Singer Tony Bennett learned he had Alzheimer’s in 2016, his wife said.
A morning reading: “How do I tell my children that they could possibly have 300 siblings?” The case of a Dutch serial sperm donor.
From the opinion: GM’s decision to stop manufacturing gas-powered vehicles by 2035 will put pressure on other automakers and force oil companies to diversify their businesses, writes law professor Jody Freeman.
Lived life: Jamie Tarses had an eye for TV hits (“Friends”, “Mad About You”). At 32, she became president of entertainment for ABC, the first woman to become a network’s top programmer. Tarses died at the age of 56.
Dustin Diamond played Screech Powers, a good-natured, geeky outsider, on the NBC high school sitcom “Saved by the Bell” from 1989 to 1992. Diamond died at the age of 44.
Hal Holbrook started an acting career in television and film, but gained his greatest acclaim on the stage when he played Mark Twain on a one-man show for decades. Holbrook died at the age of 95.
ART AND IDEAS
The big business with music rights
What do Bob Dylan, Stevie Nicks, Shakira, the DJ Calvin Harris and RZA from the Wu Tang Clan have in common? They all recently sold all or part of the rights to their music catalog for high payouts. These music release deals have “never been more active than the past few months,” as Lucas Shaw and Thomas Seal write in Bloomberg Businessweek.
Why do artists choose to pay out? For one, the pandemic has prevented them from going on tour, which is a significant part of their income. But the musicians also use a bull market.
This is largely due to the popularity of streaming services like Spotify and predictions that music revenue will keep growing, told us Ben Sisario, who covers the music industry for The Times. More and more buyers are pouring into the market, driving up prices. A decade ago, a publisher’s catalog was typically selling for around ten times its annual earnings. In recent years, the multiple has grown to 14 to 22 depending on the songs included.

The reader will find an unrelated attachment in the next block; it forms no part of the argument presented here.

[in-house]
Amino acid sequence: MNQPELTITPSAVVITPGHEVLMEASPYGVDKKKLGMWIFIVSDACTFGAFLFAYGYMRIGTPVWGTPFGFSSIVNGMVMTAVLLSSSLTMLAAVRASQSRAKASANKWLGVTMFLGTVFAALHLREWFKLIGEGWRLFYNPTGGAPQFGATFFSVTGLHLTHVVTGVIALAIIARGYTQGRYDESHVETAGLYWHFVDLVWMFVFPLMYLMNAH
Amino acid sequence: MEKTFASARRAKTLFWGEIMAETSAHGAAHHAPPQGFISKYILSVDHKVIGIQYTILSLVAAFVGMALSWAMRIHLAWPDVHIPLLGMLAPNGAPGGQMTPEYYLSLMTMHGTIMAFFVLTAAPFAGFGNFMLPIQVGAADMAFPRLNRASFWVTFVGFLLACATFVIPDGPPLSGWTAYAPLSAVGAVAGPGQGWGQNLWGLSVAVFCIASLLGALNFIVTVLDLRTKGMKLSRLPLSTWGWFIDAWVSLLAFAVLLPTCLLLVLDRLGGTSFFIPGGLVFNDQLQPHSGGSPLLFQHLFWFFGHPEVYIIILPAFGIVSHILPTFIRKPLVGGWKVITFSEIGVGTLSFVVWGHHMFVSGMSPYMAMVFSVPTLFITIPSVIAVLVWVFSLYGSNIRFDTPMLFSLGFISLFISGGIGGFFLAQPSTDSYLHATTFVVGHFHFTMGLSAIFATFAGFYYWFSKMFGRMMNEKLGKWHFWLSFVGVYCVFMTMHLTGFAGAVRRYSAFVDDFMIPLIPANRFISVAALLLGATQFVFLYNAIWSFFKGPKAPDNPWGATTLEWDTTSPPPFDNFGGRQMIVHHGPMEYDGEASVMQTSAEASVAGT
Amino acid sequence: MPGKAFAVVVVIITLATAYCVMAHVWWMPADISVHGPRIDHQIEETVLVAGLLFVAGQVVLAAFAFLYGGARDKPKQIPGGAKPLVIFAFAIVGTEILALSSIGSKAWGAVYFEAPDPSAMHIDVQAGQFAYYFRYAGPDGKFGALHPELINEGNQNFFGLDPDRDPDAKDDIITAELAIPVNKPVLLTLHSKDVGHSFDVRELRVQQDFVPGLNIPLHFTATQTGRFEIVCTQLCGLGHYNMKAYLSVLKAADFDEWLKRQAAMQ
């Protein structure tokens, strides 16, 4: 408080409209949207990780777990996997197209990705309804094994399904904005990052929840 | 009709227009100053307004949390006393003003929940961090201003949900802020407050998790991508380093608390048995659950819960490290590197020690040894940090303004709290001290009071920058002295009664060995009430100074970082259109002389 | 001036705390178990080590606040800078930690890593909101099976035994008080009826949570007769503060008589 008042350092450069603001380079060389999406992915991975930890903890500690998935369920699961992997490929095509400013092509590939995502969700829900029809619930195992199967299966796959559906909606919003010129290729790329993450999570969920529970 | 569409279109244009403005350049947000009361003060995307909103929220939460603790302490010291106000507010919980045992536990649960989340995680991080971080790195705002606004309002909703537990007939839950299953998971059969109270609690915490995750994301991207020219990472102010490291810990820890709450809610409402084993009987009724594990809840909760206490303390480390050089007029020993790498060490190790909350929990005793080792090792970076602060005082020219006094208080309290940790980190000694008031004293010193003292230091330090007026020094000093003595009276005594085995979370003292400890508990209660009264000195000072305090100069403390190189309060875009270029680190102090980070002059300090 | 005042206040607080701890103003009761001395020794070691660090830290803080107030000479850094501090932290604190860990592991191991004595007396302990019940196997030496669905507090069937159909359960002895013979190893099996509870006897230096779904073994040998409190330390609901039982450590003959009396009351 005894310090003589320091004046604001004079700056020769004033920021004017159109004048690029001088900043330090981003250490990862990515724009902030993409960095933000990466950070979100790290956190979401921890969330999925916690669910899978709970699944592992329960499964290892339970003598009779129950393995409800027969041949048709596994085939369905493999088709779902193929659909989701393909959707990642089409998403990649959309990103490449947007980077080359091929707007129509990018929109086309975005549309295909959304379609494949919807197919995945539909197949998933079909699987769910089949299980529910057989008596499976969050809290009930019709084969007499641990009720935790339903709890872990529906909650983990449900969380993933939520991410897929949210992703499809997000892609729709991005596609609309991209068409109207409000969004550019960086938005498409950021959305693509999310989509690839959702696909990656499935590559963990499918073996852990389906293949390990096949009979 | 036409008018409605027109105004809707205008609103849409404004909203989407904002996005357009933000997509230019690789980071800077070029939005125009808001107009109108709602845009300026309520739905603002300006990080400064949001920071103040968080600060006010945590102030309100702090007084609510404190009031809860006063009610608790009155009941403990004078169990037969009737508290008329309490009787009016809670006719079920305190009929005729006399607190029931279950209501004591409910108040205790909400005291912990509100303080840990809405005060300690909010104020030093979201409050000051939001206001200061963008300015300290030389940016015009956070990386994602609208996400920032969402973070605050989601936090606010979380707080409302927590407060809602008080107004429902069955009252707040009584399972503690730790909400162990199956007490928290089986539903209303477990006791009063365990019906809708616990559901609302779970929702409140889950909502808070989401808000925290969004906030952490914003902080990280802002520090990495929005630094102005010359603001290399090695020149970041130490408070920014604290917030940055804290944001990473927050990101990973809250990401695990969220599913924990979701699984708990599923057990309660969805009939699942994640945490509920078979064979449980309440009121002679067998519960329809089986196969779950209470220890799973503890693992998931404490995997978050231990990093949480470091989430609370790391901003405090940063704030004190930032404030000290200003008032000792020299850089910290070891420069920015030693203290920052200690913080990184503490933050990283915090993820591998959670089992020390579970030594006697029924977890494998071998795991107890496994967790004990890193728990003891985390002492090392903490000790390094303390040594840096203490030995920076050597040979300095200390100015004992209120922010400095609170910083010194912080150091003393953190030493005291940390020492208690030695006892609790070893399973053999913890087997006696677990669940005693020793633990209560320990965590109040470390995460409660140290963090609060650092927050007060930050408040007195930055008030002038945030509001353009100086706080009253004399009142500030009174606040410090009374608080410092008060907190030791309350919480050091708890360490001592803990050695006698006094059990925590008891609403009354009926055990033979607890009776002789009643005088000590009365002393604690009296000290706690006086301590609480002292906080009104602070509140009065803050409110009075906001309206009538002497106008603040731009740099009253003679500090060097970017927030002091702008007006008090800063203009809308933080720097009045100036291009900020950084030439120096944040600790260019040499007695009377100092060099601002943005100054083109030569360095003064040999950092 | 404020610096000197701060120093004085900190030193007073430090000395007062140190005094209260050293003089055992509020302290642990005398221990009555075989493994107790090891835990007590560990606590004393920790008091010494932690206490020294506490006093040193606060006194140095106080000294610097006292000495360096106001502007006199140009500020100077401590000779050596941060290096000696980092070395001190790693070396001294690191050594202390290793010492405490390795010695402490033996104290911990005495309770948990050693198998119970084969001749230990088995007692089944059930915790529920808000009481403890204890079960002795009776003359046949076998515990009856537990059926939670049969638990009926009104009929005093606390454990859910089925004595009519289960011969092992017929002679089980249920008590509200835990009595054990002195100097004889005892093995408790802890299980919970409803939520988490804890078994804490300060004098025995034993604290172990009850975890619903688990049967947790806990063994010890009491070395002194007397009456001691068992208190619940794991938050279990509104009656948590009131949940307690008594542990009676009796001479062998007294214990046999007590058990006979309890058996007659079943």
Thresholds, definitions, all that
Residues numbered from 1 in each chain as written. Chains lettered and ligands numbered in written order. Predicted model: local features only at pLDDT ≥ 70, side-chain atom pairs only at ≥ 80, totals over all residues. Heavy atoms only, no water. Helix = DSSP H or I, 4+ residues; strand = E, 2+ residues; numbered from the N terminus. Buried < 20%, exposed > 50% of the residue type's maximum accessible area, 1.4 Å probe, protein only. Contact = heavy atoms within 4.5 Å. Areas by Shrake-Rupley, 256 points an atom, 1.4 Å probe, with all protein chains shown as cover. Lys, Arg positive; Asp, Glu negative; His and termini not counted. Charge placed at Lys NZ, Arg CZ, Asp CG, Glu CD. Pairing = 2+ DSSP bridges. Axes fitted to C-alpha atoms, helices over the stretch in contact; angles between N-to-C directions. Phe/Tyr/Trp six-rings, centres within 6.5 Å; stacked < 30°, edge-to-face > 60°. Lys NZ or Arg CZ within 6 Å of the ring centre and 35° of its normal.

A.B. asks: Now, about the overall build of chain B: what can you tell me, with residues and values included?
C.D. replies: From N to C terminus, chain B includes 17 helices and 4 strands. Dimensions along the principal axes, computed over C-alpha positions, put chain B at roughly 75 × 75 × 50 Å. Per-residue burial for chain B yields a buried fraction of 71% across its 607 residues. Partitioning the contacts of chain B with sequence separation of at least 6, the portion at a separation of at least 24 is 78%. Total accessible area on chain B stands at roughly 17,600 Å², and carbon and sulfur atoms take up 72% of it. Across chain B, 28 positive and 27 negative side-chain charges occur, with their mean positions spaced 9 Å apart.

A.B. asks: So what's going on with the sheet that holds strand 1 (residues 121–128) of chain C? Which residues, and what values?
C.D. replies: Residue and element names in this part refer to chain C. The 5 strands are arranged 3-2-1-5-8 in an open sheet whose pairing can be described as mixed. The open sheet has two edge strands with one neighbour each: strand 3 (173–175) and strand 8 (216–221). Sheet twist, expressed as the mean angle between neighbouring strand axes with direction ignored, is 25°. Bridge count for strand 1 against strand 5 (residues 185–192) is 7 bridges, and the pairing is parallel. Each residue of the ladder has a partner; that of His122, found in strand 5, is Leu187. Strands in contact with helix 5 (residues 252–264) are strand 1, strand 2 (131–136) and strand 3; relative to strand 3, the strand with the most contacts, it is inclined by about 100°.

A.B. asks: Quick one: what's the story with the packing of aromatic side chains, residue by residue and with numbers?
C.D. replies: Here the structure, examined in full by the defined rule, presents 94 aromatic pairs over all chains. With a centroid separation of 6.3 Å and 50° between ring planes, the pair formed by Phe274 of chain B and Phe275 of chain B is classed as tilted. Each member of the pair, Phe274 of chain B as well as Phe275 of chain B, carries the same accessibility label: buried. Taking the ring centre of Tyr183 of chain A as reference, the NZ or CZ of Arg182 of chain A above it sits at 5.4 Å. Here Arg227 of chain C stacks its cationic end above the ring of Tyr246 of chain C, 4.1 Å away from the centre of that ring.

Publishing rights to popular songs are tempting because they can provide a steady flow of income. In Dylan’s case, Universal Music is now paid every time their songs are sold, streamed, covered by a different musician, or used in ads and films.
For more, we recommend this episode of “Popcast” with Ben, which explains the fascinating story of song licensing and royalties.
PLAY, WATCH, EAT
What to cook
The pangrams from yesterday’s Spelling Bee were alloying, annoying and lollygagging. Today’s puzzle is up – or you can play online.
Here’s today’s mini crossword and a clue: B in chemistry (five letters).
Thank you for spending part of your morning with The Times. Until tomorrow. – David
PS Groundhog Day, the annual Punxsutawney tradition, will practically happen today due to the pandemic. This 1910 The Times story explained why you shouldn’t trust the rodent: “He’s been back on us for three years.”
You can find today’s print homepage here.
Today’s episode of “The Daily” is about Biden’s climate agenda. In the latest “Popcast”, the first real pop phenomenon of 2021.
Claire Moses, Melina Delkic, Ian Prasad Philbrick, Yaryna Serkez, Tom Wright-Piersanti and Sanam Yar contributed to The Morning. You can reach the team at [email protected]